After a series of visits to hospital for chest infections throughout 2016, it came to the doctors attention that Edith had consistent changes on the middle lobe of her right lung. Edith had 4 x-rays in total last year, 3 when she was unwell and 1 when she was well, these all showed the same shadow in the same place. It was thought, initially that this was part of the infection but it soon became apparent that there was something a bit more complicated happening.
During this period (over the year) our community speech and language therapist (SALT) suggested that there may be an issue with Edith’s swallow. She asked if Edith had ever shown any signs of difficulty when eating and drinking i.e. coughing, gagging, spluttering, which she never has and also asked if she had ever suffered with re-flux, which she also hadn’t. She suggested a referral to SALT at the BCH for a Videofluoroscopy (a type of moving x-ray that allows the doctors to see what happens after food and drink is swallowed) to see if Edith was experiencing what they call, aspiration. If she was this would mean that when she swallows, tiny particles of food or drink are going into her lungs – yes this is as dangerous as it sounds!
This referral was made and we received the appointment date very quickly. I asked my wonderful cousin, Carrie to keep us company on the day for a bit of moral support and even though she had a very newborn baby, she wilfully agreed. I wasn’t sure what was going to be found and I wasn’t taking the chance of ending up crying alone in a hospital corridor. Edith was an absolute superstar during the procedure, it wasn’t anything horrific; all she had to do was eat like she normally would. I took along a variety of foods including her favourite yogurt. As I sat and fed her the doctors watched as the food was swallowed. I looked at her innocent little face displaying the joy at being fed a pudding before lunch and wondered what this brave little pigeon would have to face next. My worst fears were confirmed as the SALT told me that Edith had an moderate to severely unsafe swallow. I was told an appointment would be made to speak with our paediatrician to discuss what this meant and what happens next.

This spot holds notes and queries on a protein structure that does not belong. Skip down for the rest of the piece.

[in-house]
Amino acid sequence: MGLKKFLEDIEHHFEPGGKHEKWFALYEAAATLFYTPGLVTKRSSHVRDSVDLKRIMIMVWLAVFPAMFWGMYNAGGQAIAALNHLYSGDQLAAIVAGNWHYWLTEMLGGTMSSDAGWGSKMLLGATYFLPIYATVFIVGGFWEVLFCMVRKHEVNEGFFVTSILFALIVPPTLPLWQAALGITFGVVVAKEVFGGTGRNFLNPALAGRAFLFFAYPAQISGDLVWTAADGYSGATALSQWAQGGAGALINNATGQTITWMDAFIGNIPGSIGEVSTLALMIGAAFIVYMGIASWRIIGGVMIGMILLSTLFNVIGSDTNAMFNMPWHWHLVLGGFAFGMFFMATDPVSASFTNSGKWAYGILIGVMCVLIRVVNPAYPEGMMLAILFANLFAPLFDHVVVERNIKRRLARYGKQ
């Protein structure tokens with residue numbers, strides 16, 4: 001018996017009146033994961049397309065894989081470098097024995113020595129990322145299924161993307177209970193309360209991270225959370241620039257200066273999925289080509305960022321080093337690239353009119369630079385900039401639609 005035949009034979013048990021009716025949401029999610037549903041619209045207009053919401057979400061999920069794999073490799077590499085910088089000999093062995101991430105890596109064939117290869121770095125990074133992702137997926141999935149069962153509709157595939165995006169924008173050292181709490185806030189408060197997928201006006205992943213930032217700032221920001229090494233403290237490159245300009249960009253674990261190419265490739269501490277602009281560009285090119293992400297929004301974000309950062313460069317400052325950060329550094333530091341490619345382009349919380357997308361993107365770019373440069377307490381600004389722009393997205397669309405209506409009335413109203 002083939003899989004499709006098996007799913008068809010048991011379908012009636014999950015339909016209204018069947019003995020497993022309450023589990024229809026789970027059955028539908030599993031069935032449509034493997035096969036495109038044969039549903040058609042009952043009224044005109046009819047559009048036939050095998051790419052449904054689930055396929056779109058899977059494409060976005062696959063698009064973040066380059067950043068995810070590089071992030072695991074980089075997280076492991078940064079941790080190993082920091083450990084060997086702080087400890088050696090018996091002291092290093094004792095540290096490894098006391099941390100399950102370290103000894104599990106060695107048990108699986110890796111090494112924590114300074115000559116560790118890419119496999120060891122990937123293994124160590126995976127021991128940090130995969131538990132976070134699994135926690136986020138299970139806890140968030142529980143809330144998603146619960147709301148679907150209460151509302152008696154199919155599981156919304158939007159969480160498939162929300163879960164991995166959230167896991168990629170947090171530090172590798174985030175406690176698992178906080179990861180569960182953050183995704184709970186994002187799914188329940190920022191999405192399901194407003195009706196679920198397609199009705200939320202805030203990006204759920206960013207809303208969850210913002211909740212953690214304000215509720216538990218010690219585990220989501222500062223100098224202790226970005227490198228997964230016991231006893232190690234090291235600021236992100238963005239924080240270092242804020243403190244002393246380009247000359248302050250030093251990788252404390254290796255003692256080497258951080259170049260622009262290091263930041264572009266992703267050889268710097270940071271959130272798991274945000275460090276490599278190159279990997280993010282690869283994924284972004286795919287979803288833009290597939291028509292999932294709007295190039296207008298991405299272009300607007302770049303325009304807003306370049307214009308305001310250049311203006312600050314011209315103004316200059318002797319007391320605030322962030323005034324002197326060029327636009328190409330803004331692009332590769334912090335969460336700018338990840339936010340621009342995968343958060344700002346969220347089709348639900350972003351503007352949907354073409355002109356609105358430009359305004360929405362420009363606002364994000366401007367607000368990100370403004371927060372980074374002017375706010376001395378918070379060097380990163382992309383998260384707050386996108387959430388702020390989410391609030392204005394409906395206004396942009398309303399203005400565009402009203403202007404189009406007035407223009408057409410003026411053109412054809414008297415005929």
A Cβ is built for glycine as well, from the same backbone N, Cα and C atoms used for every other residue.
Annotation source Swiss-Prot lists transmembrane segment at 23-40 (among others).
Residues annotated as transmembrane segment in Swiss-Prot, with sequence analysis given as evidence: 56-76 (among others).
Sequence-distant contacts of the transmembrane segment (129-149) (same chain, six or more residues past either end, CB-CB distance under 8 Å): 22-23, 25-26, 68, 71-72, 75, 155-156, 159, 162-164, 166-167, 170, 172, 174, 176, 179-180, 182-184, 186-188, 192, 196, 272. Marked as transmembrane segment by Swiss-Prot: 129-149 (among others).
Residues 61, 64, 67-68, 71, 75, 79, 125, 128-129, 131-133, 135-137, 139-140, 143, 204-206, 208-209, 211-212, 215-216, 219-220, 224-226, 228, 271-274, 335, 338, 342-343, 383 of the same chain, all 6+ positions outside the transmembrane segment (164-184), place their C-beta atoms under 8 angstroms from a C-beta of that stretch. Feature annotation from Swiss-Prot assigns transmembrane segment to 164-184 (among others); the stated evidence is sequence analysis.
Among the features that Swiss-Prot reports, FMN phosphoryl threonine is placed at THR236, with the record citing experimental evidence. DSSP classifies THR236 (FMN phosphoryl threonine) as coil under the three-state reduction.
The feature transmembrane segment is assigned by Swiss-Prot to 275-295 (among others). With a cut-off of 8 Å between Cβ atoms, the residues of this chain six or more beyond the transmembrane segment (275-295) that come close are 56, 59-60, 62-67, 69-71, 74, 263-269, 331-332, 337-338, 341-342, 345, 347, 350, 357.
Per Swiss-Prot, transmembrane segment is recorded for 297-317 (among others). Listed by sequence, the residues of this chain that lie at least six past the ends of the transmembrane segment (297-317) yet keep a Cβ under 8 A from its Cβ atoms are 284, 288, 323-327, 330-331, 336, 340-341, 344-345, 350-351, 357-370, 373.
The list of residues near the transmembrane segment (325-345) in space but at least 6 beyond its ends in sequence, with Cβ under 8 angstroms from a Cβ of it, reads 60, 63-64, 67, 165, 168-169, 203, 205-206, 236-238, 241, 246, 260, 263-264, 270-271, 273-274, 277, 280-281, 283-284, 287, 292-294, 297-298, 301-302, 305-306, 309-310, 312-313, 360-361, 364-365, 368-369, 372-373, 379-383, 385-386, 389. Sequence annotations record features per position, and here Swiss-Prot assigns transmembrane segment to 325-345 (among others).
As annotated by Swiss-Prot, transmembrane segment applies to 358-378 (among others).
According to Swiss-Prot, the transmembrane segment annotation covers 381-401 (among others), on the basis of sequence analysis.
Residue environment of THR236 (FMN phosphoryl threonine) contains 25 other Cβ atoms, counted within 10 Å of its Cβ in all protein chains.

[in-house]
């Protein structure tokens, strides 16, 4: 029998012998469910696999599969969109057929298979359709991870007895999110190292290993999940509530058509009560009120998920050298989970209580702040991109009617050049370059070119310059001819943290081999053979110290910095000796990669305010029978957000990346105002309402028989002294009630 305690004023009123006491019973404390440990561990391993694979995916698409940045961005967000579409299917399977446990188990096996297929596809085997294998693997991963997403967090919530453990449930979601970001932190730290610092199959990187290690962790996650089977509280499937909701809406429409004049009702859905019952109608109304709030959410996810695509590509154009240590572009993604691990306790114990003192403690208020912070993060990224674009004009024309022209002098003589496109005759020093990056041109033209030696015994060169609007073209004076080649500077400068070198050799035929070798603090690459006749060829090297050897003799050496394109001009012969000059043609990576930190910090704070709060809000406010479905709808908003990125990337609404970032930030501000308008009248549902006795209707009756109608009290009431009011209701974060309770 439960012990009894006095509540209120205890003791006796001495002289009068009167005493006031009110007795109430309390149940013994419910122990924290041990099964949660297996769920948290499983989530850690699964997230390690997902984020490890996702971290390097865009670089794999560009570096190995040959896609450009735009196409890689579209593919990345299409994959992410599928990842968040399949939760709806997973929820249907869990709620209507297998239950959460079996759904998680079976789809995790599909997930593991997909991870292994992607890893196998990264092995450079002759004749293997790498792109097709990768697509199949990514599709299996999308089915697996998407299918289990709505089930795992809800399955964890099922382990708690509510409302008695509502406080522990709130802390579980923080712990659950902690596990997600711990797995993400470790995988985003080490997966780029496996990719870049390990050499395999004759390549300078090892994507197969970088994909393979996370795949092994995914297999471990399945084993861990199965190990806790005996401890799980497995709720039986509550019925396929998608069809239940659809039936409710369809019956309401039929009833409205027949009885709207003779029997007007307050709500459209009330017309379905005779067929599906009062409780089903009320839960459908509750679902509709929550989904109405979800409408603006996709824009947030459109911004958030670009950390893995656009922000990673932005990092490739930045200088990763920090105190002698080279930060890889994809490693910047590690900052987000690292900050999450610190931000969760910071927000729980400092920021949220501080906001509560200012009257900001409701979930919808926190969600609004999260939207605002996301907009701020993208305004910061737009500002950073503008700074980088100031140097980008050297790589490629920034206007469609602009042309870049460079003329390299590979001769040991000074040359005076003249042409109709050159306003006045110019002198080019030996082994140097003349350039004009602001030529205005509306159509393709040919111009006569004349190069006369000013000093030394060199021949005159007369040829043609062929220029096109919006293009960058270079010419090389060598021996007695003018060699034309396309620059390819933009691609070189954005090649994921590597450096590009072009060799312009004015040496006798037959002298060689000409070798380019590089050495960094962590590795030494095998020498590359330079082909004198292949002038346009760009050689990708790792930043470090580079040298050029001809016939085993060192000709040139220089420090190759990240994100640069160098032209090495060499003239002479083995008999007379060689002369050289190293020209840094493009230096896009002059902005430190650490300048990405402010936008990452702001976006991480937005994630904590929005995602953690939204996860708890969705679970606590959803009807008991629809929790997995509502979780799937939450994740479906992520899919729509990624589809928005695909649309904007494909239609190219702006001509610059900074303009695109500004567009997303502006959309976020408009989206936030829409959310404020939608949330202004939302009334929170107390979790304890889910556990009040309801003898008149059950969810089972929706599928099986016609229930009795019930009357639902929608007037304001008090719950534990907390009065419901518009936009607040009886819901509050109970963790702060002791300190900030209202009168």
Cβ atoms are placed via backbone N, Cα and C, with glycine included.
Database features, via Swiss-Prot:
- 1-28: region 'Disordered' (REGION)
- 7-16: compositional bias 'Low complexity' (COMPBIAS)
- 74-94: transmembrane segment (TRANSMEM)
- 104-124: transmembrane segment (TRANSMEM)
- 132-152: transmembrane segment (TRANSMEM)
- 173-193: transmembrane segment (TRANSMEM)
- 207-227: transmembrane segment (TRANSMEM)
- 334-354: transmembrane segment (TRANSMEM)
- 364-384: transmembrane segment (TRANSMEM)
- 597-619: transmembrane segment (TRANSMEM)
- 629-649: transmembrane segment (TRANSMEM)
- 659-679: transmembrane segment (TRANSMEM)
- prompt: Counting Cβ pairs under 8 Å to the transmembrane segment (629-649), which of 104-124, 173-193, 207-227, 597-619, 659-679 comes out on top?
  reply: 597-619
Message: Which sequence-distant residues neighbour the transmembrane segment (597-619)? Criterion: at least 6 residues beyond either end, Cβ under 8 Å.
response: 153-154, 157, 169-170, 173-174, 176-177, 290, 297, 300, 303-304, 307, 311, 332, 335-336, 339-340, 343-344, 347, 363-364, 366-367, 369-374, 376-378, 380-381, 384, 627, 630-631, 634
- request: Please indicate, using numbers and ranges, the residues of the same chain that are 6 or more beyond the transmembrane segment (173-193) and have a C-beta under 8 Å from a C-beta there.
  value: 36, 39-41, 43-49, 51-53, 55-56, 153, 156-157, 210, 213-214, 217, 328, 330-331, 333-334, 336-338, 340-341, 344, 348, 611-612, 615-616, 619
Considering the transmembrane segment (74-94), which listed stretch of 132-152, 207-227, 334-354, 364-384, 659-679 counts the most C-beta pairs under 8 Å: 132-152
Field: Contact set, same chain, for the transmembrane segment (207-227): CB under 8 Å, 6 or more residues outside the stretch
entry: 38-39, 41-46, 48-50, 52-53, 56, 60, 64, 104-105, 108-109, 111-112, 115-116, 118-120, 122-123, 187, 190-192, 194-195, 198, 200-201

Edith enjoying her food…
Upon speaking to the paediatrician I learnt that the aspiration had probably played a major part in all of her hospital admissions. She advised that there was no immediate need to intervene but that Edith would need to be put on the waiting list for a PEG (a Percutaneous Endoscopic Gastrostomy Tube). Edith would be able to continue to eat orally untiime but if things were to turn in the other direction she would need to have a NG (Nasal Gastric Tube) to sustain feeding until surgery for the PEG.
At this current moment in time Edith is still being orally fed, which seems to be going ok. The waiting list for the PEG is roughly 8 months long; we should expect the surgery in the autumn. Edith is due to meet with the paediatric surgeon on 14th June to discuss the procedure.
Edith enjoying her favourite food…porridge!!
Initially this was a huge shock. The doctors are always saying “as long as her progress keeps going forward and she doesn’t lose any skills, we are hopeful”. Was this a loss of skill? Had Edith taken a step backwards? Does this mean her condition is getting worse? Thankfully, no. I have been assured by two separate SALT’s and our paediatrician that this is not a step backwards, merely a blip in the ocean. Even after the PEG is fitted directly into her stomach, Edith will still be allowed some ‘safe foods’ orally (custard, yogurt) and hopefully will one day, in the not to distant future, be able to have the PEG removed completely.
When we are babies our swallow is protected to a certain extent and because Edith is so slow developing it’s suspected that her anatomy is just catching up. So as the swallow would be protected in a typically developing child and then become less protected as they grow; this is the same with Edith except everything has happened much slower therefore she is much older before there was any issue. I think that makes sense, sorry if it doesn’t. Edith absolutely loves her food and we hope this is only temporary, but for now it is what is best and safest for our little bear.
Edith enjoying a mini milk…